Lake Melville

Lake Melville is not a lake proper but a saltwater tidal extension of Hamilton Inlet (itself an extension of Groswater Bay) on the Labrador coast of the Canadian province of Newfoundland and Labrador. Comprising 3,069 km2 (1,185 sq mi)[4] and stretching 140 km (87 mi) inland to Happy Valley-Goose Bay, it forms part of the largest estuary in the province, primarily draining the Churchill River and Naskaupi River watersheds. Both Lake Melville and Hamilton Inlet are encircled by mountains, with primary settlements at Happy Valley-Goose Bay, North West River, and Sheshatshiu.

Lake Melville
Lake Melville-Hamilton Inlet-Groswater Bay.png
A map of the Lake Melville/Hamilton Inlet/Groswater Bay system, showing Hamilton Inlet as inclusive of L. Melville
Lake Melville is located in Newfoundland and Labrador
Lake Melville
Lake Melville
Location in Labrador
LocationLabrador, Newfoundland and Labrador, Canada
Coordinates53°41′N 59°43′W / 53.683°N 59.717°W / 53.683; -59.717Coordinates: 53°41′N 59°43′W / 53.683°N 59.717°W / 53.683; -59.717
TypeTidal Extension
Native nameTessiartosoak (Inuktitut)[1]
Atatshi-unipek (Innu-aimun)[2]
Basin countriesCanada
Surface area3,069 km2 (1,185 sq mi)
SettlementsHappy Valley-Goose Bay, Mud Lake, North West River, Rigolet, Sheshatshiu
References[3]

NameEdit

Lake Melville was named for Henry Dundas, first Viscount Melville, who served as Britain's lord of the Admiralty in 1804 and 1805.[5]

GeographyEdit

Lake Melville is situated in central Labrador. To the south are the Mealy Mountains while another inlet (Double Mer) is located to the north. The Churchill River flows into the southwest point of Lake Melville. Lake Melville extends further inland between the communities of North West River and Sheshatshiu and these extensions are known as "Little Lake" and "Grand Lake". The Naskaupi River flows into Grand Lake.

Lake Melville is served by the Trans-Labrador Highway network. Route 500 spans from the mouth of the Churchill River at Happy Valley-Goose Bay to Labrador West while Route 510 goes from Happy Valley-Goose Bay to Blanc-Sablon where a ferry can be taken to Newfoundland. Route 520 is a paved highway on the west coast of Lake Melville connecting Happy Valley-Goose Bay, Sheshatshiu and North West River. Rigolet and Mud Lake are the only two communities in the region that cannot be reached by road.

HistoryEdit

The area around Lake Melville was historically inhabited by the Inuit and the Innu. It is believed that Labrador's Inuit migrated to Labrador from Baffin Island in search of Europeans (the Norse are thought to have landed at Baffin Island around 1000 AD).[6] At the end of the Seven Years' War, New France (including Labrador) was ceded to Great Britain. The British decided to develop a cod fishery in Labrador. The fishermen (who mostly came from Newfoundland), often married Inuit women and thus created the "Inuit-Metis". In 1824, the population around Lake Melville was 326 which consisted of 160 Inuit, 60 'half-Inuit', 90 European settlers, and 16 Canadian settlers.[7]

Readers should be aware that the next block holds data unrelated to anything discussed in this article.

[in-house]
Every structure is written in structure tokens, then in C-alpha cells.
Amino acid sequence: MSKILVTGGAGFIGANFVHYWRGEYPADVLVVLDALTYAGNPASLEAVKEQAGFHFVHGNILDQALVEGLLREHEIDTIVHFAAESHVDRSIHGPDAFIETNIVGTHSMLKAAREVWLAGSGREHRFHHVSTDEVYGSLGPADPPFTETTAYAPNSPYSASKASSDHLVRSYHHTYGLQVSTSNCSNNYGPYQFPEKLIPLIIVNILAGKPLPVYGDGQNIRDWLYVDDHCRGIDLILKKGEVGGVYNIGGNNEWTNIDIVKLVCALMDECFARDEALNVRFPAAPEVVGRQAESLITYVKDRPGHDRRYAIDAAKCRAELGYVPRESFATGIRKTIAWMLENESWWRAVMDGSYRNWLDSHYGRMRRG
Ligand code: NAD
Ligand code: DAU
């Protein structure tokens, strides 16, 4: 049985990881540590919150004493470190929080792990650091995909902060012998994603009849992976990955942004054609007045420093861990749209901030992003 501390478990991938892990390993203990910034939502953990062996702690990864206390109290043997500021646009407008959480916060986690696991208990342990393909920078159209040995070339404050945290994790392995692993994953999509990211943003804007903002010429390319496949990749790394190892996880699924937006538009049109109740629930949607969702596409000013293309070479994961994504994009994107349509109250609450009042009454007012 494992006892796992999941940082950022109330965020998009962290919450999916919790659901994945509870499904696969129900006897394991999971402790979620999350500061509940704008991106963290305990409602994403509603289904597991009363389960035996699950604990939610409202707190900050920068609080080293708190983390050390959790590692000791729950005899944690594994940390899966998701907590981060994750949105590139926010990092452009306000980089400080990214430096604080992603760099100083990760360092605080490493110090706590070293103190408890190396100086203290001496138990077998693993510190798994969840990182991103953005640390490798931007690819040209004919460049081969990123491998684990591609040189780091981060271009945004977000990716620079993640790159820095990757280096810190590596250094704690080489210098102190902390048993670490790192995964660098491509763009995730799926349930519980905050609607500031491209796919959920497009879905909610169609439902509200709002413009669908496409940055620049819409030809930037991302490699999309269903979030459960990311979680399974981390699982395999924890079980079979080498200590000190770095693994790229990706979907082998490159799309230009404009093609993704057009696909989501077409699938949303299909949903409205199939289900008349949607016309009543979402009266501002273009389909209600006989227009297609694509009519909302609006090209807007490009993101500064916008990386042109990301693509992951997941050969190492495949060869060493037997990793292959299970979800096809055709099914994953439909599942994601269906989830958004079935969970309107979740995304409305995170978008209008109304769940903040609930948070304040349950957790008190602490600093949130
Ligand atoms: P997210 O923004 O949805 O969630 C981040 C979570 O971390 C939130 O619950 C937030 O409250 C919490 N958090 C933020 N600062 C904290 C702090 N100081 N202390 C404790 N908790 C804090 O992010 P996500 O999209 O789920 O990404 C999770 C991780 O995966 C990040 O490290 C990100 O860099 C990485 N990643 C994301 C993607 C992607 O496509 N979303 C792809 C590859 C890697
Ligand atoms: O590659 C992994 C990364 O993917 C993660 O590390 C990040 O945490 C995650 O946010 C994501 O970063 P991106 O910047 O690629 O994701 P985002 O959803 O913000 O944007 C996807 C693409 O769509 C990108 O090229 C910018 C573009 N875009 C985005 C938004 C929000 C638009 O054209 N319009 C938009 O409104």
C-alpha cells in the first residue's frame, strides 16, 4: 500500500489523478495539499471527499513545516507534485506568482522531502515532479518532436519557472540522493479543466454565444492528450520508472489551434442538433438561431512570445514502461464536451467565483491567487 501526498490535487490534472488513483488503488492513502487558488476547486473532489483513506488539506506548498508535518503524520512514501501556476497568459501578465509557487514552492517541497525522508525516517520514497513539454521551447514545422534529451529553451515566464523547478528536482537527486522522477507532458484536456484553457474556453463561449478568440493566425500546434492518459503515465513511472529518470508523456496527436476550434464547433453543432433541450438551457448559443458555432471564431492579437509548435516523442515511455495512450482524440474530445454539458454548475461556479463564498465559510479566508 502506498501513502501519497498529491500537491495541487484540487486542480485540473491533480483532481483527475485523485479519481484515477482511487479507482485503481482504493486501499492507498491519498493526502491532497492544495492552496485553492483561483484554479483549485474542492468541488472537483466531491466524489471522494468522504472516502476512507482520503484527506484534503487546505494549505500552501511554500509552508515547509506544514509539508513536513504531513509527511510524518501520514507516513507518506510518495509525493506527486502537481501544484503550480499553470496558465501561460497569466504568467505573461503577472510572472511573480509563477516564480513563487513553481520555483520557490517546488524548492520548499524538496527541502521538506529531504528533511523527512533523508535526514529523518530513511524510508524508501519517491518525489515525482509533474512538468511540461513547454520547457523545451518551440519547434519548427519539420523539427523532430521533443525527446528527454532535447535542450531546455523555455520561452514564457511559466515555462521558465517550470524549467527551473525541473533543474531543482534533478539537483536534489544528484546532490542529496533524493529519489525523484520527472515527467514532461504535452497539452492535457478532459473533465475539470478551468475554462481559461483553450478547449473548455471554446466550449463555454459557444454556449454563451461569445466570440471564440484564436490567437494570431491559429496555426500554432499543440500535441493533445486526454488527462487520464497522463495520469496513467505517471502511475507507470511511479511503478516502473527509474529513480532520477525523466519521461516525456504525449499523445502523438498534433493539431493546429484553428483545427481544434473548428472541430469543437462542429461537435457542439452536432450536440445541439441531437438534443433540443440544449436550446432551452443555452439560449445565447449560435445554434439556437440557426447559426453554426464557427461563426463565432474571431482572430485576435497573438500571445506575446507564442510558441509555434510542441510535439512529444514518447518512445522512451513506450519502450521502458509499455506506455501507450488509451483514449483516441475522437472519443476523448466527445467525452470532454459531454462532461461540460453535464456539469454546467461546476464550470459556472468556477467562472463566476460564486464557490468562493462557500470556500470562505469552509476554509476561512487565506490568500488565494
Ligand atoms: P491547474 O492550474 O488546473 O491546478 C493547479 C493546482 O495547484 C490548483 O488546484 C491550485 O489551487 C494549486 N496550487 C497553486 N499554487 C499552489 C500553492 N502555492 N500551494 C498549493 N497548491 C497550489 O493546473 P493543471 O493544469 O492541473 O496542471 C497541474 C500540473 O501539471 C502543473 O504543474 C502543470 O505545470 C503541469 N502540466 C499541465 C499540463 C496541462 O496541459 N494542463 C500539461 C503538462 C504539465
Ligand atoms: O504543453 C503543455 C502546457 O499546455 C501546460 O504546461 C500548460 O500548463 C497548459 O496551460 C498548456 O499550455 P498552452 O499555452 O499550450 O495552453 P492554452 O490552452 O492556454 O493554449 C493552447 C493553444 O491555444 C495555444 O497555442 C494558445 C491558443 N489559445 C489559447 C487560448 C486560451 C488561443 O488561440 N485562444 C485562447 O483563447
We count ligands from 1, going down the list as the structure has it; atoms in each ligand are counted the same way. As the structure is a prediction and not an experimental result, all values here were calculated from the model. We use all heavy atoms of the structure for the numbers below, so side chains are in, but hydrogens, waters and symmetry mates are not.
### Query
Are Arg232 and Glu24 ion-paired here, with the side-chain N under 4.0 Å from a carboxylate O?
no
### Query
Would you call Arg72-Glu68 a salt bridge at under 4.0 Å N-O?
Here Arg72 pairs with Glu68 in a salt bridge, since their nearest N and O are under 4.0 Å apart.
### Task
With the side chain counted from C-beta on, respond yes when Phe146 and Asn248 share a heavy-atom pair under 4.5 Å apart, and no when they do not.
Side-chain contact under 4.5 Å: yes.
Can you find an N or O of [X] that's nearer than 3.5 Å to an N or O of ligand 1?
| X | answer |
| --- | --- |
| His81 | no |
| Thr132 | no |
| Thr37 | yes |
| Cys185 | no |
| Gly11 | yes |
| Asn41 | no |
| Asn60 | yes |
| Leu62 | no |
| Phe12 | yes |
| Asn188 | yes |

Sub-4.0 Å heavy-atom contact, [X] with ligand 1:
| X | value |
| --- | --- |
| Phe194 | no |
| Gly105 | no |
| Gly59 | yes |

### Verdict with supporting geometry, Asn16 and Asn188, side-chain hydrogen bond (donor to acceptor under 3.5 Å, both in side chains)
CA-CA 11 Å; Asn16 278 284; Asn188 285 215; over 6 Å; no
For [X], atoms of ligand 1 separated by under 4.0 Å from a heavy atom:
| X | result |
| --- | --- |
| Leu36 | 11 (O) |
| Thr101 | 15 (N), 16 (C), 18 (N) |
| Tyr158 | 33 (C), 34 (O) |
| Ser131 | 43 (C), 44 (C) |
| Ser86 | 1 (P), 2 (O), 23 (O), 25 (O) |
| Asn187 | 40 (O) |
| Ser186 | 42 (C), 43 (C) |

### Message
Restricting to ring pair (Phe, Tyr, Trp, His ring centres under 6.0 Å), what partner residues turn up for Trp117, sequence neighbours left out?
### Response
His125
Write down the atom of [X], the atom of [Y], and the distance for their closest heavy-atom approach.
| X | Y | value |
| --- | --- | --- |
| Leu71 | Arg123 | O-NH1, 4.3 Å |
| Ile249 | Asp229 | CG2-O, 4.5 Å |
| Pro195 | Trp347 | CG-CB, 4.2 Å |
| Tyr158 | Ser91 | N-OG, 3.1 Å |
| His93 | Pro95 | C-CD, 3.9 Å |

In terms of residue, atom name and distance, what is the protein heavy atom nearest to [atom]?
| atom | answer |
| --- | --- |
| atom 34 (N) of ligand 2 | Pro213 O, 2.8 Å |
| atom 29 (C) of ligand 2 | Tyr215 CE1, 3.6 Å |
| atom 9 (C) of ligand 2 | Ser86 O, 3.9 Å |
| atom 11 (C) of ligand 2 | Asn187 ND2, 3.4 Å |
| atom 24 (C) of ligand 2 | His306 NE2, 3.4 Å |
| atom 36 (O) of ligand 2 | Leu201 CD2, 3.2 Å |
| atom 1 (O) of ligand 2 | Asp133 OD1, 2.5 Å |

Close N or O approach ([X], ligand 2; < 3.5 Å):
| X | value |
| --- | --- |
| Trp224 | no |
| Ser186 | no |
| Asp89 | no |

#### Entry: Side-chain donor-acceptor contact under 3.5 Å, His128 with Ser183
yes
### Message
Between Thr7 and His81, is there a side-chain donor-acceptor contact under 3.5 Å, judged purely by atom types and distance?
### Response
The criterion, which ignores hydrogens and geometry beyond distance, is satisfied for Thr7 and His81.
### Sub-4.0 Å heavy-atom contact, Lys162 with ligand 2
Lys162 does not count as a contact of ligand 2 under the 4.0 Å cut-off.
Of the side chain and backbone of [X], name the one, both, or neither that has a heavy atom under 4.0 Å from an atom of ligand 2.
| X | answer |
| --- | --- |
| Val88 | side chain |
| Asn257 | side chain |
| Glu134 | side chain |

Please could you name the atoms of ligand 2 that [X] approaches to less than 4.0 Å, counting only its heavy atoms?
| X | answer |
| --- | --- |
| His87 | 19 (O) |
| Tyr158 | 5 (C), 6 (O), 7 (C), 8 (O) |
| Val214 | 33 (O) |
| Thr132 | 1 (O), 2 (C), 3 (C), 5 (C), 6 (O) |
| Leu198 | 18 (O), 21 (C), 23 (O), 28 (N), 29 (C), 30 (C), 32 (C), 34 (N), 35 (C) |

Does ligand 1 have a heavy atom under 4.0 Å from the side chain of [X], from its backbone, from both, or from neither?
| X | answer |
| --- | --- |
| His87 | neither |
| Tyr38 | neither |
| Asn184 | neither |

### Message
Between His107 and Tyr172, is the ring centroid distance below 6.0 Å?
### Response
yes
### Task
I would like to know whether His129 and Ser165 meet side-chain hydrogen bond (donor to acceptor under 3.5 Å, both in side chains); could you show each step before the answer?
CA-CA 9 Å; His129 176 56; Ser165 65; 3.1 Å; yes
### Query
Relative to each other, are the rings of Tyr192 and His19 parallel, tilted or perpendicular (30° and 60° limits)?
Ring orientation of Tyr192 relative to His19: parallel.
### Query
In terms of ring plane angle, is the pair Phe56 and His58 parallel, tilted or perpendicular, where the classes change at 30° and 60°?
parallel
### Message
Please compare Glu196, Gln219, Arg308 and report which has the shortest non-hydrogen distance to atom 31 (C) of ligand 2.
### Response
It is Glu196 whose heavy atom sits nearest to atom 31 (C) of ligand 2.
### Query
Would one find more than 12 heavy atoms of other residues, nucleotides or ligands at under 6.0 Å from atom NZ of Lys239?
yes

The economy around Lake Melville was historically based around the fishery and fur. Fort Smith (present-day North West River) was the seat of the Hudson's Bay Company factor for the surrounding territory. After John McLean discovered convenient riverine routes into the interior, it also was the supply centre for Fort Naskaupi. Fish and fur prices plummeted with the stock market crash beginning in 1929, weakening the meager though meaningful subsistence-based economy. Construction of an air base at Goose Bay in 1941 and radar installations along the coast offered Southern Inuit their first wage employment. Today, the town of Happy Valley-Goose Bay is one of the largest communities in Labrador and the tenth-largest community in the province of Newfoundland and Labrador.[8]

The Lower Churchill Project is a planned hydroelectric project on the lower Churchill River.

TransportationEdit

A ferry service runs on Lake Melville and Hamilton Inlet, connecting a number communities including Happy Valley-Goose Bay, Rigolet and Cartwright.

ReferencesEdit

CitationsEdit

  1. ^ http://www.nunatukavut.ca/home/files/pg/11x17_figuresmaps_and_family_trees_for_insertion_into_2010_land_claim_document.pdf
  2. ^ http://www.innu-aimun.ca/dictionary/Words
  3. ^ Atlas of Canada. "Rivers in Canada". Archived from the original on 10 April 2007. Retrieved 2015-03-17.
  4. ^ Atlas of Canada. "Lakes of Canada". Archived from the original on 2007-04-10. Retrieved 2007-05-01.
  5. ^ Hamilton (1996), s.v. "Lake Melville".
  6. ^ Southern Inuit of NunatuKavut: the Historical Background
  7. ^ Southern Inuit of NunatuKavut: the Historical Background
  8. ^ http://www12.statcan.ca/census-recensement/2011/dp-pd/hlt-fst/pd-pl/Table-Tableau.cfm?LANG=Eng&T=302&SR=1&S=5&O=D&RPP=25&PR=10

BibliographyEdit

External linksEdit